Art Deco Diamond, Emerald and Pearl Sautoir by Cartier and Mauboussin. Photo courtesy Macklowe Gallery.

A French Art Deco platinum, diamond and natural pearl sautoir signed “Cartier Paris” with an emerald and diamond pendant marked “Mauboussin”. The overall length is 37” and has a removable section that enables it to be worn at a length of 33”. The seed pearl sautoir was made by Cartier for a French family around 1910. The necklace has 340 old European-cut and 16 rose-cut diamonds that have an approximate total weight of 7.65 carats. In the late 1920’s the sautoir was brought to Mauboussin to combine it with the Mauboussin diamond and emerald pendant. The Mauboussin pendant contains 82 old European-cut and 11 baguette-cut diamonds having a total approximate weight of 7.90 carats. It features 1 square-cut Columbian emerald that has an approximate weight of 2.15 carats, 2 pear-cut Columbian emeralds that have the approximate total weight of 1.20 carats, and a pear-shaped drop Columbian emerald that has an approximate weight of 4.30 carats. This piece comes with a certificate of authenticity from Marguerite de Cerval, a conservator from the Mauboussin Archive.


Suzanne Belperron ‘Ying-Yang’ Ring with Vivid Yellow Diamond, circa 1923. Photo courtesy Macklowe Gallery.

Suzanne Belperron was one of the most talented and influential jewelry designers of the last century. First employed by Germaine Boivin, she contributed enormously to the successes the Maison René Boivin achieved until the early 1930’s. In 1932, she left Boivin and with the support of Bernard Herz designed and produced jewelry under her own name. Her jewelry was so original that she never signed her pieces, instead insisting that ‘my style is my signature’. This ring is fashioned after her own engagement ring, entitled “Yin and Yang”. While hers featured an old mine cut diamond, our ring is graced by a highly rare 4.46 carat “Fancy Vivid Yellow Flawless” oval brilliant-cut diamond. Designed C. 1923. A similar ring is pictured in “Suzanne Belperron”, by Sylvie Raulet, Olivier Baroin, Antique Collectors’ Club, 2011, page pages 33, 215.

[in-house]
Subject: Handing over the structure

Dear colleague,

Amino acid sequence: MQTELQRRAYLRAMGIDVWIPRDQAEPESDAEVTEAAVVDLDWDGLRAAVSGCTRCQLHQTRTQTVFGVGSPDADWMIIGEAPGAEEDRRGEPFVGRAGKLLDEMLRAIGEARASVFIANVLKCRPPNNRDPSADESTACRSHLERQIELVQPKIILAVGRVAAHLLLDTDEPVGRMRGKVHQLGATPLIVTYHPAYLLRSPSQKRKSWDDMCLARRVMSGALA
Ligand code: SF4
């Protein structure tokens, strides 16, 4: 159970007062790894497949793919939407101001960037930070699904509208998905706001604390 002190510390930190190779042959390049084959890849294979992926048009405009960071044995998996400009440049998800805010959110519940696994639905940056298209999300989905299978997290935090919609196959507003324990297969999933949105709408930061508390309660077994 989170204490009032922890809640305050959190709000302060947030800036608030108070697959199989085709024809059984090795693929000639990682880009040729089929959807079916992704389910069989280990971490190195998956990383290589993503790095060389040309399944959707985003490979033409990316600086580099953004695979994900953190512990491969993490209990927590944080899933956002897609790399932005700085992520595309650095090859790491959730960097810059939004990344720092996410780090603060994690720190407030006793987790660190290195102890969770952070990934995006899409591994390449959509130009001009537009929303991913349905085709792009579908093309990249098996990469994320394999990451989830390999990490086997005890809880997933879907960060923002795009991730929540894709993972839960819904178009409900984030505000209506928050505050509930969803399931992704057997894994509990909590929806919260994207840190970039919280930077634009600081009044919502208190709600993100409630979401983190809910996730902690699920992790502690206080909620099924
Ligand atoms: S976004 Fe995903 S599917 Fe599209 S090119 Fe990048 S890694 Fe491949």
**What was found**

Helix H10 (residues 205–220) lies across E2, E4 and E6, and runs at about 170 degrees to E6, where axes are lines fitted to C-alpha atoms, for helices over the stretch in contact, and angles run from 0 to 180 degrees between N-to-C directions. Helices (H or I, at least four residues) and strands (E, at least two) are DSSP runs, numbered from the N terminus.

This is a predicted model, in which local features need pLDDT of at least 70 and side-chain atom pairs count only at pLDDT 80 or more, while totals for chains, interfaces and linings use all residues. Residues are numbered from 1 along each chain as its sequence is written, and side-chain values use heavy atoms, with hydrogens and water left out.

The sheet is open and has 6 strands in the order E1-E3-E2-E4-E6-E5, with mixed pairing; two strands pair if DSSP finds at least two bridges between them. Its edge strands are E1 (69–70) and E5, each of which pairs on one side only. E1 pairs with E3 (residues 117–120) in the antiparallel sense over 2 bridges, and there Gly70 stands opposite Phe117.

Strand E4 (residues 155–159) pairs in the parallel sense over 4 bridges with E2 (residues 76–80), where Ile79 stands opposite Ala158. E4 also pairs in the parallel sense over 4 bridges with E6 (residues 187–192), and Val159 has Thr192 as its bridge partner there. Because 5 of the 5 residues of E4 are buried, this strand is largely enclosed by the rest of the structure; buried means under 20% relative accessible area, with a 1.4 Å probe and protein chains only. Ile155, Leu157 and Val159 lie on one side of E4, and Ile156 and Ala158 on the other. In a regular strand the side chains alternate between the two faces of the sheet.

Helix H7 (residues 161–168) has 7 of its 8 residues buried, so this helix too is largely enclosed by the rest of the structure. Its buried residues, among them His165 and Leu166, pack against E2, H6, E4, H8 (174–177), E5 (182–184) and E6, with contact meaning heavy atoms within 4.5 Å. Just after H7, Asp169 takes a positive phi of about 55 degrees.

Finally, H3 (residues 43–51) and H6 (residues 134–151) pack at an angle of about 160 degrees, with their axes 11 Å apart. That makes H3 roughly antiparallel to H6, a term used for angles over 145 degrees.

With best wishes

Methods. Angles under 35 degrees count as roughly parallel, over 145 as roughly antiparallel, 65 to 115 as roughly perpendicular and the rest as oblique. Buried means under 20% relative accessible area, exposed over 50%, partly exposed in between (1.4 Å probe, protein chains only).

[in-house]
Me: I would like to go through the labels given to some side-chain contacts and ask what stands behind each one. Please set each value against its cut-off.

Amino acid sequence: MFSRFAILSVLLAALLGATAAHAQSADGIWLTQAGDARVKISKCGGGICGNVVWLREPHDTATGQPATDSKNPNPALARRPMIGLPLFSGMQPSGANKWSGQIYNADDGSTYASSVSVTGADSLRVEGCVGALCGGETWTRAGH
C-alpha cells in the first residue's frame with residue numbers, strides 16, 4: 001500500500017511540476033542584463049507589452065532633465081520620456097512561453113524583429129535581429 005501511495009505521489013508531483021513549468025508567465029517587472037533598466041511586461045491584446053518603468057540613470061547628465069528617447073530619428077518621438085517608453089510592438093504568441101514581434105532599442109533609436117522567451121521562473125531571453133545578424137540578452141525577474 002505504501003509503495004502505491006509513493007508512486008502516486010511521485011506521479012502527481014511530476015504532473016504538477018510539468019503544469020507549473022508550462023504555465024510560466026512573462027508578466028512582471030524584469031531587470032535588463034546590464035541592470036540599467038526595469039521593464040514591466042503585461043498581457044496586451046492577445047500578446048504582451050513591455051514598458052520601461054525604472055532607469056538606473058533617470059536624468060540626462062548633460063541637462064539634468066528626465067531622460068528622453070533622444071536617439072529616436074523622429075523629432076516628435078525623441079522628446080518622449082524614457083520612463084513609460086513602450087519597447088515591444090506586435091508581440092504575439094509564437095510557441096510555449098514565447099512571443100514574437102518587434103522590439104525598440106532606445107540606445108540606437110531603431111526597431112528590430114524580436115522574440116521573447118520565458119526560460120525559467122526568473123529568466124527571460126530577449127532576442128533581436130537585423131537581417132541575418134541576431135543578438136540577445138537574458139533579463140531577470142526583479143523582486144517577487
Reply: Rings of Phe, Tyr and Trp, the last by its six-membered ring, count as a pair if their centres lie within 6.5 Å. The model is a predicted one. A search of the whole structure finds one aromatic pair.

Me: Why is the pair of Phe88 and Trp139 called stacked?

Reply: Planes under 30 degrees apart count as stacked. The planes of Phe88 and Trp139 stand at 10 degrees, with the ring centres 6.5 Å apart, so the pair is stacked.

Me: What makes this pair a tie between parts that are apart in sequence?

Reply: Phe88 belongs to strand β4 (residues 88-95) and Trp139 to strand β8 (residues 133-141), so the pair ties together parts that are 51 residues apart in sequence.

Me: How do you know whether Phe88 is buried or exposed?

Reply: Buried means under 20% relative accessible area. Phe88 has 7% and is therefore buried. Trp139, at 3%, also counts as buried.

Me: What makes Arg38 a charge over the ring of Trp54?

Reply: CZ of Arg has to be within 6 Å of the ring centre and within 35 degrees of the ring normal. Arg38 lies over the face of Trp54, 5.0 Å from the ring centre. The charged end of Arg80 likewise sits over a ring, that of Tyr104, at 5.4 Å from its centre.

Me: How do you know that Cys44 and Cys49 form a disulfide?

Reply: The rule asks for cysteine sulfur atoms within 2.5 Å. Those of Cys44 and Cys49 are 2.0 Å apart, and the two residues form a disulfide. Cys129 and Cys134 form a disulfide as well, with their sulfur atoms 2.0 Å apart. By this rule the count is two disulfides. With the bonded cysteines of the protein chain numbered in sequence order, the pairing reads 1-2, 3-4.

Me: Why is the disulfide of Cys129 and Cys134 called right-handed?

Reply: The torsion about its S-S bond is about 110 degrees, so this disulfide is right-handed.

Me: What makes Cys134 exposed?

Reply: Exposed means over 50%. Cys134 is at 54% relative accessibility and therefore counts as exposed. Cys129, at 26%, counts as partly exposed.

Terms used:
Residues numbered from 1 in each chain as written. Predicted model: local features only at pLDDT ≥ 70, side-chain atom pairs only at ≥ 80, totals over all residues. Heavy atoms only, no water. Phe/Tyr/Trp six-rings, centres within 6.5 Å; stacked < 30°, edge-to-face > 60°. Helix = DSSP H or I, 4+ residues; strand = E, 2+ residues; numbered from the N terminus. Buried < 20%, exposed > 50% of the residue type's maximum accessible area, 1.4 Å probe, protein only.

Opal, Diamond, Platinum and Gold Brooch-Pendant by Marcus & Co. Circa 1900. Photo courtesy Macklowe Gallery.

An American Art Nouveau 18 karat gold and platinum brooch/pendant with opal, diamonds and enamel by Marcus & Co. The brooch/pendant has a center cabochon black opal and 76 old mine-cut diamonds with an approximate total weight of 4.00 carats. The center opal is mounted in a scrolled setting and framed with enamel and diamonds, suspending a matched scroll set opal.

Provenance: The Gould Family.


Exceptional Art Deco Diamond and Platinum Bracelet, circa 1925. Photo courtesy Macklowe Gallery.

Art Deco designers sought a definitive rupture from the naturalistic style of the Art Nouveau and Edwardian periods. They used geometric forms and an architectural sense of composition, with elevations and repeated motifs, and an all-white palate with different cuts of diamonds taking the place of colored stones to create contrast, depth and dimensionality. This is the birth of abstraction in jewelry. This plaque bracelet features 3 old European-cut diamonds, one in each center section with an approximate total weight of 6.75 carats surrounded by 306 round old European-cut diamonds with an approximate total weight of 37.00 carats, and 126 rectangular baguette-cut diamonds with an approximate total weight of 10.00 carats. The diamond are VS-SI clarity and H-I color grade.

Similar bracelets are pictured in “Art Deco Jewelry”, by Sylvie Raulet, Rizzoli, 1984, page 84 etc.


Gold and Diamond Ear Pendants by Verger, circa 1980s. Photo courtesy Macklowe Gallery.

A pair of French Estate 18 karat gold ear pendants with diamonds by Verger. The earrings have 83 round-cut diamonds with an approximate total weight of 14.00 carats. The earrings are composed of a double entwined pear-shaped diamond formed top from which hang larger detachable pear shaped diamond pendants.

Available at Macklowe Gallery. 60th Annual Winter Antiques Show. Park Avenue Armory. New York. January 24-February 2, 2014